Lydia K said...

Lots of imagination here! The Tiki Hut always has a good effect on writers.
:)

Alex J. Cavanaugh said...

That's a lot of drama for one beach!

Isis Rushdan said...

Medeia ~ The scene was so much fun to write. Glad you enjoyed it.

Joan ~ There have been a couple of books for me where I didn't fall in love with the voice, but the story was so good I kept reading. An unexpected twist can truly elevate a book, making it one of the elements that transform a novel into something unforgettable.

Isis Rushdan said...

Elspeth ~ LOL, you are too funny. Thanks for stopping by and leaving a comment.

Diana ~ You are the best. Big hug right back to you. Can't wait to read your next book. You are amazing.

Isis Rushdan said...

Lydia K ~ The Tiki Hut did wonders for muse...when she was awake :). Happy you enjoyed the post.

Alex ~ I love a juicy drama I can dive into. The more layers the better.

Amish Stories said...

Greetings from the Amish community of Lebanon,Pa. Richard from Amish Stories.

Clarissa Draper said...

Chemistry between my characters are big but I'm also looking for a great setting for the characters to be in. Great time on the beach!

Ciara said...

Wow, that gave me goosebumps. :)

Carol Ericson said...

Great post, Isis. I enjoy snappy, witty dialogue. Best "meet" scene ever is in Georgette Heyer's Black Sheep - roll on the floor funny!

Isis Rushdan said...

Richard from Amish Stories ~ Happy you found me. Thanks for stopping by.

Clarissa ~ Chemistry is huge. Every now and again I'll come across a story and wonder why two characters are together, when the author fails to show us why they click. I love it when a couple truly works and seems to fit.

Isis Rushdan said...

Ciara ~ That is the best compliment. Thanks so much!

Carol E ~ I haven't read Heyer, but you've piqued my interest. Thanks for coming by.

Michelle Fayard said...

Hua, ma’am, for serving our country and being an author!

Maryann Miller said...

Enjoyed the story. Really want to know what happens next for that couple. Happy writing.

Isis Rushdan said...

Michelle, are you Army or have you been around members of the US Army? I did four years enlisted before getting out and going to the Ohio State University (Go Buckeyes!) and joining the Air Force. I never realized how much I actually used to say "hua" (who-ah/hoo-ah) until I saw Black Hawk Down. They nailed it in that movie!

Isis Rushdan said...

Maryann, so glad you stopped by and enjoyed the post!

J.L. Campbell said...

This is one of those times when feeling like a voyeur isn't so bad. Of course, my imagination is piqued, wondering what could have happened between the hunk and the beauty queen. Nice writing, Isis.

Carol Kilgore said...

It's late, but I wanted to check in and say hi to my old friends here and welcome to those who are new. Feel free to hang out here anytime.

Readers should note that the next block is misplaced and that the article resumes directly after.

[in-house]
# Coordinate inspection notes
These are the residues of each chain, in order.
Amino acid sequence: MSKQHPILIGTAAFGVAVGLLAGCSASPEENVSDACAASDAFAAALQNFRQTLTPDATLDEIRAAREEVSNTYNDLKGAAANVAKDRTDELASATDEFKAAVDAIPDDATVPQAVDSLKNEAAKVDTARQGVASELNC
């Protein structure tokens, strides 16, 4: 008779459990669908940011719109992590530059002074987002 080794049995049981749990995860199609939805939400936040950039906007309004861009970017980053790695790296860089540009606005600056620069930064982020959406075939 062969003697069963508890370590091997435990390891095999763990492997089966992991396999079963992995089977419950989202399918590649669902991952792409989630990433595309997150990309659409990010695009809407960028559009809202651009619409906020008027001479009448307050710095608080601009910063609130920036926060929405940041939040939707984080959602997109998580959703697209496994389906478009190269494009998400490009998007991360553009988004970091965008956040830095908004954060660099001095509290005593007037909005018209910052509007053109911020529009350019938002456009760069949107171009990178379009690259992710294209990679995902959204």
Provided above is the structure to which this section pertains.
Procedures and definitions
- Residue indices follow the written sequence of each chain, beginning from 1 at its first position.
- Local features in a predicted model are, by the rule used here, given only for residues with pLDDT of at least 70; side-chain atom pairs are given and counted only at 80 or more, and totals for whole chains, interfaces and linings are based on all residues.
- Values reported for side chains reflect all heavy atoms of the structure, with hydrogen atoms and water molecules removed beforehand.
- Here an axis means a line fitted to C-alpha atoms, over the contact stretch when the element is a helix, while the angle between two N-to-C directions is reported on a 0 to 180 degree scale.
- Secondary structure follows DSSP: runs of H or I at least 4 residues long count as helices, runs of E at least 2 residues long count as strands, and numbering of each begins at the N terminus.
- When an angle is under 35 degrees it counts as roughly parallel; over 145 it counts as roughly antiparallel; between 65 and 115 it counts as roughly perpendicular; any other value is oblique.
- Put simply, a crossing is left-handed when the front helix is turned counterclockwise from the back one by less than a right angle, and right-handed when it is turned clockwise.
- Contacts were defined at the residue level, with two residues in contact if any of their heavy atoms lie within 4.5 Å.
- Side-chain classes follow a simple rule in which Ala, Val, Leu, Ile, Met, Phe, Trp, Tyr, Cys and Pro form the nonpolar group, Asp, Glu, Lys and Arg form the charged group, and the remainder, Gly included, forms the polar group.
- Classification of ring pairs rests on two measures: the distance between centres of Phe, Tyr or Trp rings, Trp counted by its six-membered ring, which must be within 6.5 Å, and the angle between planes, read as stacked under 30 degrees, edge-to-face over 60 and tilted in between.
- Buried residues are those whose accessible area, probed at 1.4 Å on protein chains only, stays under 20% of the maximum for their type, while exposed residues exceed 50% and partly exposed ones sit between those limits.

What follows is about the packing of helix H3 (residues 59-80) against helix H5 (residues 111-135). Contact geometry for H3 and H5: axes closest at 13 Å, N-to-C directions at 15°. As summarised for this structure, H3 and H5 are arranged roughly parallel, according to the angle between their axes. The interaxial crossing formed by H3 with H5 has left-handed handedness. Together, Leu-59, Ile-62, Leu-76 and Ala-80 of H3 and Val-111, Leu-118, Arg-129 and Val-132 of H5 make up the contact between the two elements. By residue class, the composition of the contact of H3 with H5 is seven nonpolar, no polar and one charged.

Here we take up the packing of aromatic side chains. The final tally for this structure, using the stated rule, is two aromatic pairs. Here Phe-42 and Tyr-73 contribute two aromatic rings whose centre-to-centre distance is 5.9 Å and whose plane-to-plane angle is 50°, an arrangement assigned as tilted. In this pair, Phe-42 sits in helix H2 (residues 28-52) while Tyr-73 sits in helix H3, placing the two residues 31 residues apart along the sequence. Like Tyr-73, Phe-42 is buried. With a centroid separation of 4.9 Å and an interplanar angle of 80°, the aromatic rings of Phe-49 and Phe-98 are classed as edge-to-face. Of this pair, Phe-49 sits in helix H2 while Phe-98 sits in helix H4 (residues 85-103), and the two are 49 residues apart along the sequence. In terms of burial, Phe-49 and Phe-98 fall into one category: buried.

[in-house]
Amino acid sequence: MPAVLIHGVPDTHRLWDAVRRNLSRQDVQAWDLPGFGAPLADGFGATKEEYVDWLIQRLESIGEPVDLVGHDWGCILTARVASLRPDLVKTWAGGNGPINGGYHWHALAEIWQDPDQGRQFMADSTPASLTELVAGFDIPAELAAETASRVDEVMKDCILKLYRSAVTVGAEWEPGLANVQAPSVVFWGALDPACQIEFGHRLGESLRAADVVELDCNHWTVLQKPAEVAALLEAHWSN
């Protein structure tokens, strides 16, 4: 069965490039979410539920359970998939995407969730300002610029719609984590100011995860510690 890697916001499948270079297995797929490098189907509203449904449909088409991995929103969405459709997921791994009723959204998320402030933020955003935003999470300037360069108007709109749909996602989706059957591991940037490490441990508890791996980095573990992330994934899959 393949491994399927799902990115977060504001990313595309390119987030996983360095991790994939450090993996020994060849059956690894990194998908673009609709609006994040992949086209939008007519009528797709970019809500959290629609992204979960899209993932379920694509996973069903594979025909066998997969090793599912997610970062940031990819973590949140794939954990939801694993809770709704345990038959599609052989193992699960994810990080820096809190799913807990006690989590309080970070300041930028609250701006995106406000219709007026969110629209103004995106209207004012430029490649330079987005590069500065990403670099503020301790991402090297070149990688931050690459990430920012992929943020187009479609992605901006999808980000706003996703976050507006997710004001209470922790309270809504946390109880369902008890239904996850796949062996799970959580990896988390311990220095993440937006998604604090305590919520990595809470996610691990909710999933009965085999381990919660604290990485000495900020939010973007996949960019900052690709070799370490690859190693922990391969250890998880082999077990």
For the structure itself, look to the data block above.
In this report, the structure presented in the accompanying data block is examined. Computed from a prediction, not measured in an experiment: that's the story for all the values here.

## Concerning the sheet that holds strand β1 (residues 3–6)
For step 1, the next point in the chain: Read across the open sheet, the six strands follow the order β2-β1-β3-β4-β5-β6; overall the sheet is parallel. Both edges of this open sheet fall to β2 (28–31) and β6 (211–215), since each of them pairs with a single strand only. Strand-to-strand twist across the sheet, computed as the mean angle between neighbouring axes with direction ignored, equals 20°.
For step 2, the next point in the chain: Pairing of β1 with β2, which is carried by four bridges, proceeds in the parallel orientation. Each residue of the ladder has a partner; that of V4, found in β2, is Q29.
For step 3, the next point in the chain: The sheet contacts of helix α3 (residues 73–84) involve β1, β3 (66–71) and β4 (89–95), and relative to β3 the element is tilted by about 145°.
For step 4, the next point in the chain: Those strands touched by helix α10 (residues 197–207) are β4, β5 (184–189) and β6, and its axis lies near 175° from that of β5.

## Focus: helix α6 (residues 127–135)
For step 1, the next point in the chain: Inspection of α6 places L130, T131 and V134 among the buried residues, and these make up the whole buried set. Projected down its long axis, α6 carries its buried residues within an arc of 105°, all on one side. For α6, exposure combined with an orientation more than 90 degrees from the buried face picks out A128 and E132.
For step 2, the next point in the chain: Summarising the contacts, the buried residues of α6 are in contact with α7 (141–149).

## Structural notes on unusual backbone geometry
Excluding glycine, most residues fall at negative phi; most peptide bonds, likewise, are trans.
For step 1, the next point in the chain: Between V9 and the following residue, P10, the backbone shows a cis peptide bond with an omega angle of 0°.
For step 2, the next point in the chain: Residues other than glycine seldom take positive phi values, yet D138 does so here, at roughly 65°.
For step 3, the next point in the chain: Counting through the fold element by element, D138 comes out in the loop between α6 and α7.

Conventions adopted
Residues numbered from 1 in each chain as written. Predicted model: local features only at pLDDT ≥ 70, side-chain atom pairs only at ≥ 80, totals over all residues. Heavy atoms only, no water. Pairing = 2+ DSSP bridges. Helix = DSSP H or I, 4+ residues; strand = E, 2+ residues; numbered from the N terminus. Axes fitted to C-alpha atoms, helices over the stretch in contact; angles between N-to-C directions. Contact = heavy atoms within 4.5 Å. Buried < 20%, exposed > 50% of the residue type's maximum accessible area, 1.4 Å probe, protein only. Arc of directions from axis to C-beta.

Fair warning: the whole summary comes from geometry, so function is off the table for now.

Mason Canyon said...

Carol, thanks for the introduction to Isis.

Isis, great post. Character interaction and a dose of the unexpected keep me reading. Best of luck with your reading. It sounds intriguing.

Mason
Thoughts in Progress
Freelance Editing By Mason

Isis Rushdan said...

J.L. ~ Happy to pique your interest. Thanks for the compliment. You're very kind.

Carol ~ You're such a great hostess!

Mason ~ Thanks for taking the time to swing by and read my post. Even better that you enjoyed it. I appreciate good luck from all sources :).

Stephen Tremp said...

Hi Isis, its great to meet you! I like a lot of conflict and twists and turns. Keeps things fresh and unexpected. A few wormholes help too.

Randy said...

Wow. It's not easy to tell a story with a beginning, middle and end complete with good characterization, black moment, and HEA ending in such a short space. Kudos, Isis!

Savannah said...

Hi Isis,

Coming in late, fab post! I was dying to know what he'd done!

Savannah
ps - you didn't happen to see my muse snoring next to yours, I can't find them anywhere!

Isis Rushdan said...

Stephen ~ Great to meet you as well. I've been introduced to a whole new group of people here. And I agree, I've never read a book, seen a TV show or movie where a wormhole has hurt the story.

Randy ~ It was fun to write. Glad it entertained. Thanks!!

Savannah ~ As a matter a fact, I did see your muse when she took off with mine to get a hot stone massage. Oye! What are we going to do with them?

Carol Kilgore said...

Thanks, Isis, for being such a wonderful guest blogger. We all loved having you here.

Isis Rushdan said...

Thanks again, Carol, for having me. I met a lot of nice people and hopefully made some new friends. I couldn't have asked for a better experience.

LR said...

Sea breeze cocktail sounds awesome. And great story!

What grabs me in a book? Honesty. When something inherently human is touched on. Something we all recognize as true.

Carol Kilgore said...

Isis - I'm glad you had fun :)

LR - I think the Sea Breeze cocktail sounds good, too.

jessicaaspen.com said...

Must be those seabreezes you are on a roll with this one! I too am a people watcher. Every person at the gym (who I don't know) I have a story for. The couple who are both incredibly tall, fit and with such black hair it can't be real- must be in the witness protection prrogram. The 40ish guy who always comes alone, is recovering from a divorce and looking for love. Stories everywhere you look!

Carol Kilgore said...

I do the same thing with people I see, Jessica. Live-In Handyman often tells me to stop staring.

Conda V. Douglas said...

So that explains my catastrophic life these days! Thank you, Carol. (And now you know why I haven't been blogging as often...)

Carol Kilgore said...

There you go. Blame it on Mercury :)